Analyzes the difference between an observed process proportion (defectives) and a specified value.

Answers the question:

- Is the process proportion defective significantly different from a specified value such as a previously known defective proportion or a nominal specification?

When to Use | Purpose |
---|---|

Pre-project | Verify the process is producing output significantly different from expectations (in this case, that usually means a higher-than-expected defect rate), which validates the need for an improvement project. |

Mid-project | Test whether the proportion defective changed significantly when an input is controlled at a new setting or a previously uncontrolled setting is now controlled. |

Mid-project | Verify changes from the pre-project standard, throughout the course of making improvements. |

End of project | Verify the proportion defective from the controlled improved process is different from the pre-project proportion defective. Of course, this step assumes one of the goals of the project was to reduce the proportion defective. |

Discrete Y at exactly two levels (also called binary or binomial data). You can enter the raw data into a single column in Minitab where each row represents one observation. Or, you can enter summarized data (the number of items sampled and the number of defectives observed) in the 1 Proportion dialog box.

- Verify the measurement system for the Y data is adequate.
- Develop a data-collection strategy (who should collect the data, as well as where and when; how many data values to collect; the data’s precision how to record the data; and so on).
- Collect process data and enter the values into a single column in a Minitab worksheet. When you enter raw data, you can use any coding cheme, as long as you only use two values. By default, Minitab defines the higher numeric value, or the text value closer to the end of the alphabet, as the event (defect). For example, you can enter the data as 0 for good and 1 for defective or Normal/Problem. If you like, you can change the value order Minitab uses to define defectives.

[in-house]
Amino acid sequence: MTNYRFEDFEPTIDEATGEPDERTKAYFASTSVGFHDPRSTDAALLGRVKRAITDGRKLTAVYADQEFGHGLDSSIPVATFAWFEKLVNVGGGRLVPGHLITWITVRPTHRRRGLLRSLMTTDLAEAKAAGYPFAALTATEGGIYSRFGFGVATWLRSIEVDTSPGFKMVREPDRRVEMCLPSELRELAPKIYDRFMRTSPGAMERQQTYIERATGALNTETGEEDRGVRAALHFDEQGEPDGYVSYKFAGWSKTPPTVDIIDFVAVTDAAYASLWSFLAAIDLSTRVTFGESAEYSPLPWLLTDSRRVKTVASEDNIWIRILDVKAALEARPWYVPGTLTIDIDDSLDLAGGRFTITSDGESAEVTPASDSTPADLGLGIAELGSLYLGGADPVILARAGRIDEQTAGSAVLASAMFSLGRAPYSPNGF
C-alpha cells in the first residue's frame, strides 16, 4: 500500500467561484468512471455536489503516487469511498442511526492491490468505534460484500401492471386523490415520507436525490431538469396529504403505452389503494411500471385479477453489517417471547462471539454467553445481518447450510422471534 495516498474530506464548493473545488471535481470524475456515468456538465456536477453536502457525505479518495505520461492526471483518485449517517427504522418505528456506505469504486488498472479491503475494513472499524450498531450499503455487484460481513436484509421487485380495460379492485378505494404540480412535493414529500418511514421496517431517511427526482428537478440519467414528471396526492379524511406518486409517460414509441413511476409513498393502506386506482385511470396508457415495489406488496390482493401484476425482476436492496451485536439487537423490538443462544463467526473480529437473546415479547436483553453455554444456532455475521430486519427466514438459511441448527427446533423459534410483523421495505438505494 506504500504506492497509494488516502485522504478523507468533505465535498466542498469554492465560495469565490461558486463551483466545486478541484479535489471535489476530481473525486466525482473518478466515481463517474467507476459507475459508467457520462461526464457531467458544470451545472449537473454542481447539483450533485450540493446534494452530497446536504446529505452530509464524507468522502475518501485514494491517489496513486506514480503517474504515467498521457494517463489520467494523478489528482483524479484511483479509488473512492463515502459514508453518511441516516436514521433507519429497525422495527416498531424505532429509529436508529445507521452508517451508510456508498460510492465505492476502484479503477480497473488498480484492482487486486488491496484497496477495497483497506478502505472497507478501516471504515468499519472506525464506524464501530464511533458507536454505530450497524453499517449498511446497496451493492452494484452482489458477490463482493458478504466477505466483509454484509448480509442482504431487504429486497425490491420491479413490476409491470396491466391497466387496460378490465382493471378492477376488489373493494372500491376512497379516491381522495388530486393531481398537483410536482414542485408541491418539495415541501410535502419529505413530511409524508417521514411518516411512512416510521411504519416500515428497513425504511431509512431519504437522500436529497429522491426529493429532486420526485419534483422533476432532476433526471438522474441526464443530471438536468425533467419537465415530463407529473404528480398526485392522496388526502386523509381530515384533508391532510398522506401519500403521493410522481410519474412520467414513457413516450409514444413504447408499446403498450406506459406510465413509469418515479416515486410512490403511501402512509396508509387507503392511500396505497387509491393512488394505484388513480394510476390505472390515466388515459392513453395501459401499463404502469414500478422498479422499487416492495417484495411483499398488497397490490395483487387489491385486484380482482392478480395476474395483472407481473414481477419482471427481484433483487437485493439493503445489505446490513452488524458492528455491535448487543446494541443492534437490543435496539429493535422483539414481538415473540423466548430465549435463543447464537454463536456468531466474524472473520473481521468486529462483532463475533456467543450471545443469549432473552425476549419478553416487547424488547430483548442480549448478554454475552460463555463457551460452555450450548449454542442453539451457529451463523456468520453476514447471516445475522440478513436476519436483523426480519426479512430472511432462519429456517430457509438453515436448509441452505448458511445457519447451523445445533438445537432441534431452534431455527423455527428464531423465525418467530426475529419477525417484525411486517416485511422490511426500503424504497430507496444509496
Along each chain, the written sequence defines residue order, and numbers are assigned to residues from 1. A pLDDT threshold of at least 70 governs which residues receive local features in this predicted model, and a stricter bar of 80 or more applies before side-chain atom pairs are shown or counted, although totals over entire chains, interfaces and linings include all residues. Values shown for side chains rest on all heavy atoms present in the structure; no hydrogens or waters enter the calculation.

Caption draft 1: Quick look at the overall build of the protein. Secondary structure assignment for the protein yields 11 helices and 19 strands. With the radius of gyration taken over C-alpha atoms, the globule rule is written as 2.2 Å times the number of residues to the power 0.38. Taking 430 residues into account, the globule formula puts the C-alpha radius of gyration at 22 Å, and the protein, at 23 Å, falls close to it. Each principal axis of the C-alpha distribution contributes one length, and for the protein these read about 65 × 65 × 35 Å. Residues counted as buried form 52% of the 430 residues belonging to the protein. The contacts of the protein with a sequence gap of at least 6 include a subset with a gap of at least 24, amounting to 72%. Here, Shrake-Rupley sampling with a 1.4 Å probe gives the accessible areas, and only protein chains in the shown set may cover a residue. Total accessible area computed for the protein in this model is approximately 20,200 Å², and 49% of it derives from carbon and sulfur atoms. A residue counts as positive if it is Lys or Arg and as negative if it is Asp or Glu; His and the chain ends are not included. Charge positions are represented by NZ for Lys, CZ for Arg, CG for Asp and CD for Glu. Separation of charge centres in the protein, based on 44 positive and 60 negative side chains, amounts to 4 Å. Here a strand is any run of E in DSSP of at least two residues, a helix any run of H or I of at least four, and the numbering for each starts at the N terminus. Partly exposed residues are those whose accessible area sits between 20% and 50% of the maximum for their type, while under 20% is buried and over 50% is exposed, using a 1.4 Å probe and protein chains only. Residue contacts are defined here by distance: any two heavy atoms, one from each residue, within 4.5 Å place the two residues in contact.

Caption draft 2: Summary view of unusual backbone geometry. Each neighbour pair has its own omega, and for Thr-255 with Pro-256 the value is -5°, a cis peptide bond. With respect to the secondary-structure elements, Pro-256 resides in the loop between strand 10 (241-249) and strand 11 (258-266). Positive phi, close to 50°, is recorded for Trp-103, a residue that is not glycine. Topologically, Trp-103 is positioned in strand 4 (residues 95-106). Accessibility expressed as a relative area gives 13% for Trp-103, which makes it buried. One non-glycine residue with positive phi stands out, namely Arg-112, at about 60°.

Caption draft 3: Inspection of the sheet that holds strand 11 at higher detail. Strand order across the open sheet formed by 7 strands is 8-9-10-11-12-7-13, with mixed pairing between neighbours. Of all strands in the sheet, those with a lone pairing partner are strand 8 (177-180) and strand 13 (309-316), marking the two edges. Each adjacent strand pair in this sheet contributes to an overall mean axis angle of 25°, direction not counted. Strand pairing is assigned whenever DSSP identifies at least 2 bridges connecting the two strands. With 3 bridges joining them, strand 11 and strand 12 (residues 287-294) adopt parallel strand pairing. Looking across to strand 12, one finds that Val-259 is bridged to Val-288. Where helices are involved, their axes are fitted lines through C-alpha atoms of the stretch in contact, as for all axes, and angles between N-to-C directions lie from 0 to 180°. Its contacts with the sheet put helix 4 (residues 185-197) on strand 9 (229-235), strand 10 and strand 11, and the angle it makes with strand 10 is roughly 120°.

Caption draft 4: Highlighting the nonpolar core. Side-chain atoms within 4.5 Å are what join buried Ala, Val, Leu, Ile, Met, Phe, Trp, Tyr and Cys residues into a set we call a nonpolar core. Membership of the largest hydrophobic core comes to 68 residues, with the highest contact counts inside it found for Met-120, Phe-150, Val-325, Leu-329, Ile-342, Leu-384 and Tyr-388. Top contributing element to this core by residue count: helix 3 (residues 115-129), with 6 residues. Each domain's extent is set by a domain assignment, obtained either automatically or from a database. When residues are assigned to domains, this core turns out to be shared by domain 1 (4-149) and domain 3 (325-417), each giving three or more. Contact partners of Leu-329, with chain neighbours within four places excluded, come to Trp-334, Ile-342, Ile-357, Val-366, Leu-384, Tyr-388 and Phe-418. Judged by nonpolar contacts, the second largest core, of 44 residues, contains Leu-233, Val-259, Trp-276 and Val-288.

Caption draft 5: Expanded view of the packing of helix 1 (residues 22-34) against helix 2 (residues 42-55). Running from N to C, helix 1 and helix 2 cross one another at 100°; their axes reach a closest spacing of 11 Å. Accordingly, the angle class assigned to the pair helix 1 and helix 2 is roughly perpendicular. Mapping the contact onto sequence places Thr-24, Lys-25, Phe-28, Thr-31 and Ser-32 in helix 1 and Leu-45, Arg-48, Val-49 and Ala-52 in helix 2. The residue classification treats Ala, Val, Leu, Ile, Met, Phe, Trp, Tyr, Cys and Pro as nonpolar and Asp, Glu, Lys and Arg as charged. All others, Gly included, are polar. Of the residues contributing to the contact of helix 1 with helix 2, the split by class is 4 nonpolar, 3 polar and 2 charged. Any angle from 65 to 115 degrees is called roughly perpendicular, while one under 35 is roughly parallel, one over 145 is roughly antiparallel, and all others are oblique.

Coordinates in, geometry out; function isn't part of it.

- Enter the test proportion (a standard or benchmark proportion) to compare the process data against.
- Determine your hypothesis. You are often trying to prove the alternative hypothesis (Ha) with the data. In a 1-proportion test, the alternative hypothesis tests whether the process proportion defective is greater than, less than, or not equal to the benchmark value. The null hypothesis (Ho) is the opposite of the alternative hypothesis
- You can also perform the test without the actual data if you know the number of items sampled and the number of defective items.

- Develop a sound data collection strategy to ensure your conclusions are based on truly representative data.
- Use Minitab’s Power and Sample Size command to determine the sample size necessary to detect the smallest difference of interest with sufficient power.
- The data must fit a binomial distribution, which means the data must meet the following assumptions:
- Each test result has exactly two possible outcomes.
- The probability of a particular outcome is constant for all trials.
- The trials are independent of each other.

- The 1-proportion test can also be used to generate a confidence interval for a proportion. For example, if you make 2,518 units and 239 are defective, you can use this test to state with 95% confidence that the defect rate is between 8.37% and 10.70%.
- By default, Minitab uses the exact method to perform the test and calculate the confidence interval. Minitab also provides a normal approximation method; however, this method is not recommended because it is not as accurate as the exact method.